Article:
If you are interested in politics, this is a must read I had heard about this book for years and resisted reading it A book about the labor unions How sad Too depressing And, frankly, it is depressing Very But I learned a ton about what has happened and about the US laws many of them supported by good liberals that have made union organizing nearly impossible And the self inflicted wounds of undemocratic unions Also, the writing is wonderful Geoghegan is one of us in the same If you are interested in politics, this is a must read I had heard about this book for years and resisted reading it A book about the labor unions How sad Too depressing And, frankly, it is depressing Very But I learned a ton about what has happened and about the US laws many of them supported by good liberals that have made union organizing nearly impossible And the self inflicted wounds of undemocratic unions Also, the writing is wonderful Geoghegan is one of us in the same way that Ali Smith and Jennifer Egan are one of us, but also great sympathetic writers He admits his errors and doesn t get everything right, and has great empathy for everyone he tells us about And, in the afterword, he suggests a political path forward State by state, we could restore fundamental worker rights Such as the right not to be fired except for just cause or the rights to paid maternity leave or two weeks vacation He doesn t mention raising the rate of pay required before you are an exempt worker right now you can be called a manager at a McDonald s for 25 thousand a year and have to work 60 hour works without getting overtime pay Are these ideas quixotic In today s political climate, maybe not People are clearly willing to try anything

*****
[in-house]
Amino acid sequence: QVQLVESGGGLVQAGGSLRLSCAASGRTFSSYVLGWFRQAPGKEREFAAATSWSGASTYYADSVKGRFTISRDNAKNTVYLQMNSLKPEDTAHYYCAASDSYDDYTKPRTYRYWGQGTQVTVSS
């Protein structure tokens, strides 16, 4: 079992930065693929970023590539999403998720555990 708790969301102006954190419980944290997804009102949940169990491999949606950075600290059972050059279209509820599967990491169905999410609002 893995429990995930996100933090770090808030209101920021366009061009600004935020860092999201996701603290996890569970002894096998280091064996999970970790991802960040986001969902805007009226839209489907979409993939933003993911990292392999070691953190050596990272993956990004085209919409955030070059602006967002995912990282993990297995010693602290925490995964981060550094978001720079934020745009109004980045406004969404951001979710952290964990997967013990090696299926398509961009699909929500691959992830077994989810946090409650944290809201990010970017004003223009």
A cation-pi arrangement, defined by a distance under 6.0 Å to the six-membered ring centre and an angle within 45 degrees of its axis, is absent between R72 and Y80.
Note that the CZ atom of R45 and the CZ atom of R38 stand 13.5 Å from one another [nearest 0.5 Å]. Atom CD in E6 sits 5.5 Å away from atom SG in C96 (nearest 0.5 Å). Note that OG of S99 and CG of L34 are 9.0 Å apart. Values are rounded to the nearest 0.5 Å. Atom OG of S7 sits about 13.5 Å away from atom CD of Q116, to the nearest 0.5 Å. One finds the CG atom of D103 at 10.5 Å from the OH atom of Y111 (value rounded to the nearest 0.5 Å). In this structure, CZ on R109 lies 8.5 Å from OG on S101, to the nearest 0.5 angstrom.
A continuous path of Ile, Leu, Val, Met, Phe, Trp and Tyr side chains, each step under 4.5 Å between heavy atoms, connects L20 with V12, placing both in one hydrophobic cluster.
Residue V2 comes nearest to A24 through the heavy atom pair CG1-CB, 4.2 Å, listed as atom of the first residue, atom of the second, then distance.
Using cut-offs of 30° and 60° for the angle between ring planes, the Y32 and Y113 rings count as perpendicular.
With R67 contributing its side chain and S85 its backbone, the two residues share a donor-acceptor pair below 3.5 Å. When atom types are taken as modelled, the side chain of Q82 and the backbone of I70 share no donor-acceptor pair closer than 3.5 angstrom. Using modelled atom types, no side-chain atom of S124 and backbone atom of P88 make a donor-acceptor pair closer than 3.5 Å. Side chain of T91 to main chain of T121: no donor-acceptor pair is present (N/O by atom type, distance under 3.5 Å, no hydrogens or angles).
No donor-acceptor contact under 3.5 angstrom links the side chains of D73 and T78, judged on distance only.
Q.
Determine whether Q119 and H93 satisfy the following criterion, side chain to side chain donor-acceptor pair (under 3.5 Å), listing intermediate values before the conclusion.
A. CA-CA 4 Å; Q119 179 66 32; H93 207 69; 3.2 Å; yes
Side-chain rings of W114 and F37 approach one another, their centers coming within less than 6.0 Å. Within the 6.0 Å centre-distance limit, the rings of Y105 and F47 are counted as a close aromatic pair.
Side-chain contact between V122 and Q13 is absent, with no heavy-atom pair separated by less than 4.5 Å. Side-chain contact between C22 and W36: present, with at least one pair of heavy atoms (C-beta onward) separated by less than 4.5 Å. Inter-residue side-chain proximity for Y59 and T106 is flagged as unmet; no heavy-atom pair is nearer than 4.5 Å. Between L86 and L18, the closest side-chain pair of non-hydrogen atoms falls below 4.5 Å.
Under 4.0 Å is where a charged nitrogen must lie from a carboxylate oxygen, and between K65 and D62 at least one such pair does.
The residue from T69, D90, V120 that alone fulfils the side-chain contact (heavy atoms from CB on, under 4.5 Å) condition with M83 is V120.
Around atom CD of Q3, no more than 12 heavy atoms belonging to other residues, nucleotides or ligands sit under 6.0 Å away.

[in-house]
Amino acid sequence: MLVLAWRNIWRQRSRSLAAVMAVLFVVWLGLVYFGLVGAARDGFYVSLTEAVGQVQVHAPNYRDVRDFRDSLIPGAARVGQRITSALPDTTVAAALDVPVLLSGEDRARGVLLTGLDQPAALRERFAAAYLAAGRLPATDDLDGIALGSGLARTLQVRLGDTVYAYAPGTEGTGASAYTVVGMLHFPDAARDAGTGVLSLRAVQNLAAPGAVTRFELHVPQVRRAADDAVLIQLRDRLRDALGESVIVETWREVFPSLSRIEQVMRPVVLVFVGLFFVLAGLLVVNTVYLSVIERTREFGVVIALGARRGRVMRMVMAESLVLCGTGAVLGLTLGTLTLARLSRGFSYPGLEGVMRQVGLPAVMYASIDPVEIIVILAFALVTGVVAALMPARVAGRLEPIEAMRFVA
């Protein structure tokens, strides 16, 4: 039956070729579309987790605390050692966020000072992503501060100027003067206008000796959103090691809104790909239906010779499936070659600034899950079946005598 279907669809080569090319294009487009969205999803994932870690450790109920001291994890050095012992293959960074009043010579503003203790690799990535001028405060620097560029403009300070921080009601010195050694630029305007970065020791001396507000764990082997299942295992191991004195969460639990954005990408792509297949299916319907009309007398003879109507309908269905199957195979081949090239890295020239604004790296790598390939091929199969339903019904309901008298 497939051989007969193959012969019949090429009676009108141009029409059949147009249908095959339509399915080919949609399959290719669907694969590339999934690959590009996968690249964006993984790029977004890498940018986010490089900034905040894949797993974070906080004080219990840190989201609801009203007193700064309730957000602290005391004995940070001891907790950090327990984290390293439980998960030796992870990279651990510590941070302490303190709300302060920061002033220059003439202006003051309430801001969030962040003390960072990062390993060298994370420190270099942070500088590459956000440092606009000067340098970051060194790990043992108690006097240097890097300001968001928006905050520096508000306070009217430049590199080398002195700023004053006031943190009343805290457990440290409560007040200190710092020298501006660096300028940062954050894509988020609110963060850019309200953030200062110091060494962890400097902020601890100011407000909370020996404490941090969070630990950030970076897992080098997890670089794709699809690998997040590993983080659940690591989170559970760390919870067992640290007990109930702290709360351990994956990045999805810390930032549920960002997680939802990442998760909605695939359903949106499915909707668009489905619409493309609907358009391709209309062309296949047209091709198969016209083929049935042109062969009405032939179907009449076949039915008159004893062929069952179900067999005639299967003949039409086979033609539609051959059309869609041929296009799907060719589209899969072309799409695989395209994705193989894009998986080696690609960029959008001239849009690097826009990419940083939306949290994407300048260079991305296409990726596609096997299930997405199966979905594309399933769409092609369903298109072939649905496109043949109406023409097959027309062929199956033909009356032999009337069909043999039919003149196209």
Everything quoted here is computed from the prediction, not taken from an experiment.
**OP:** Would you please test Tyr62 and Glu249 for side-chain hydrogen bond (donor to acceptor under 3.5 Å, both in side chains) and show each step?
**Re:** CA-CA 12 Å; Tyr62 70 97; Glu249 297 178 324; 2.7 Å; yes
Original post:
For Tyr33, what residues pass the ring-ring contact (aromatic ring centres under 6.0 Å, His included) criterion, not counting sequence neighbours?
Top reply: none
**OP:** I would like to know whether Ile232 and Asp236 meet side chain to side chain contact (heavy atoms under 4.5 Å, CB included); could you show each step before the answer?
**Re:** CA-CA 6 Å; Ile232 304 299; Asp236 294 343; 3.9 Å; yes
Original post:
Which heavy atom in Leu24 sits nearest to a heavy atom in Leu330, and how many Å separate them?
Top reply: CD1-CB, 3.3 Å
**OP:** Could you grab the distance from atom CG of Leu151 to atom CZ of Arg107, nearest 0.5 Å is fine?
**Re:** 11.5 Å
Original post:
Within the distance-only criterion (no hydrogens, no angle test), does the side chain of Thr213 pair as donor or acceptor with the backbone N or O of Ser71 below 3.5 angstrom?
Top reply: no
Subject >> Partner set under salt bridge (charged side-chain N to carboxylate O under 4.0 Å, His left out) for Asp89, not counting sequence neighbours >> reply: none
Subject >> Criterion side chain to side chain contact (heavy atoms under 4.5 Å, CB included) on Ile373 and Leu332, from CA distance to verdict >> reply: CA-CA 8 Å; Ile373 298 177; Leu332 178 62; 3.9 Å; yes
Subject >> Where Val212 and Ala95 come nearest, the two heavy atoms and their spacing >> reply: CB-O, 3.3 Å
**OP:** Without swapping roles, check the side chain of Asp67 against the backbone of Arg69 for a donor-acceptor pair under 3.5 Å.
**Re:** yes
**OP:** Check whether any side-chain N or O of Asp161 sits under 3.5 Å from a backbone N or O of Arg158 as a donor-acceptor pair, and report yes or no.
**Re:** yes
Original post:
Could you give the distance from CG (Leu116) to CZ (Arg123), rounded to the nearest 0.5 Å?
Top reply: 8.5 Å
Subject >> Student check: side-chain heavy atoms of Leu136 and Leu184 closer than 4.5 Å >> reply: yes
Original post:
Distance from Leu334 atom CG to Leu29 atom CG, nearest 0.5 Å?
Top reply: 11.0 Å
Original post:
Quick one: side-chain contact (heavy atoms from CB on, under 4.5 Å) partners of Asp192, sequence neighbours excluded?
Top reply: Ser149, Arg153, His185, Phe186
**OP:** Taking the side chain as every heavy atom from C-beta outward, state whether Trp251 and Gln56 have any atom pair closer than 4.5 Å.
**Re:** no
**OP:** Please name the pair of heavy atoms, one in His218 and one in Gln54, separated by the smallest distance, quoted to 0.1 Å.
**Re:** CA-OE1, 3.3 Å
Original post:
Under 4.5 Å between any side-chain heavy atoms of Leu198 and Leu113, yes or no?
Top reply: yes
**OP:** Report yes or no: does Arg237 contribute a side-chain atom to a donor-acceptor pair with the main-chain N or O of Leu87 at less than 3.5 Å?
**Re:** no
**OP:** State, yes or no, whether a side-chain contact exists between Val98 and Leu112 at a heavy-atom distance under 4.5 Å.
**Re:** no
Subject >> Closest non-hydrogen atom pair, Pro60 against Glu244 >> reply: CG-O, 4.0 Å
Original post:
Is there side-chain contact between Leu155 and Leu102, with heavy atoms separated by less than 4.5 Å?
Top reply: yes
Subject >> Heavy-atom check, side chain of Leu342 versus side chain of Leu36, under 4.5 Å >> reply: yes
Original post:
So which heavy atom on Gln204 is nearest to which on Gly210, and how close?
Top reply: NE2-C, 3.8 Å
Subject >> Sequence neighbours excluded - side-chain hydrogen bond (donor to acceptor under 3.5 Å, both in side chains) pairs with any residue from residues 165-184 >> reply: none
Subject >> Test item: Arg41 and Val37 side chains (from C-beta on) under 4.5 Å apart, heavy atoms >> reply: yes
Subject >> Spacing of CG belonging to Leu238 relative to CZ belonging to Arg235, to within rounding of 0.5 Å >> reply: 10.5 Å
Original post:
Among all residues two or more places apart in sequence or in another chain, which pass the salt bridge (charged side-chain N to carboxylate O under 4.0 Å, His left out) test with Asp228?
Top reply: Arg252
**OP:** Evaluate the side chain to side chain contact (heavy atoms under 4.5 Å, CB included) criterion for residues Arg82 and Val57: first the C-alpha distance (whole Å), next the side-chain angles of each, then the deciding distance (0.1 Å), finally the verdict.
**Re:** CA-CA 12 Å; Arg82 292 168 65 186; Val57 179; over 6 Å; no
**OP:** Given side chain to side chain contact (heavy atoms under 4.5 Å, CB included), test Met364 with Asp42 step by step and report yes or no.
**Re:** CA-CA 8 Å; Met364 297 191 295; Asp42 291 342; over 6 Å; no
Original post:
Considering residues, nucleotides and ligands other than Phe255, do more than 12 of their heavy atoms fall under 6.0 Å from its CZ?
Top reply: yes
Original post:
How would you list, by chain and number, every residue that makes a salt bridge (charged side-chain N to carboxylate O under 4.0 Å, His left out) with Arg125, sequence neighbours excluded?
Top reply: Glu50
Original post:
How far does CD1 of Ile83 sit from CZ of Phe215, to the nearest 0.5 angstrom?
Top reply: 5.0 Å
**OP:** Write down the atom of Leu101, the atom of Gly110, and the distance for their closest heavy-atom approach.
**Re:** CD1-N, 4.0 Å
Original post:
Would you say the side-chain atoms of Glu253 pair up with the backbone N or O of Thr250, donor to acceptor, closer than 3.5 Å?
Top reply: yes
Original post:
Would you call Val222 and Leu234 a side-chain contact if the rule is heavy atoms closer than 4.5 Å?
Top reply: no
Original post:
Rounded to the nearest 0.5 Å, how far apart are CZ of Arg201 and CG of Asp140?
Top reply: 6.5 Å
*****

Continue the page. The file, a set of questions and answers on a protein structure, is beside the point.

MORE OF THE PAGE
4. Dave says:

    A great memoir from a career labor lawyer I can t imagine about CEO s and union busters being anywhere near as compelling, heartbreaking and, at times, uplifting but if someone wants to recommend one I m all ears.

  5. Roxanne says:

    Geoghegan is bougie and liberal but he s very transparent about it The book is a pretty good introduction to American labor politics.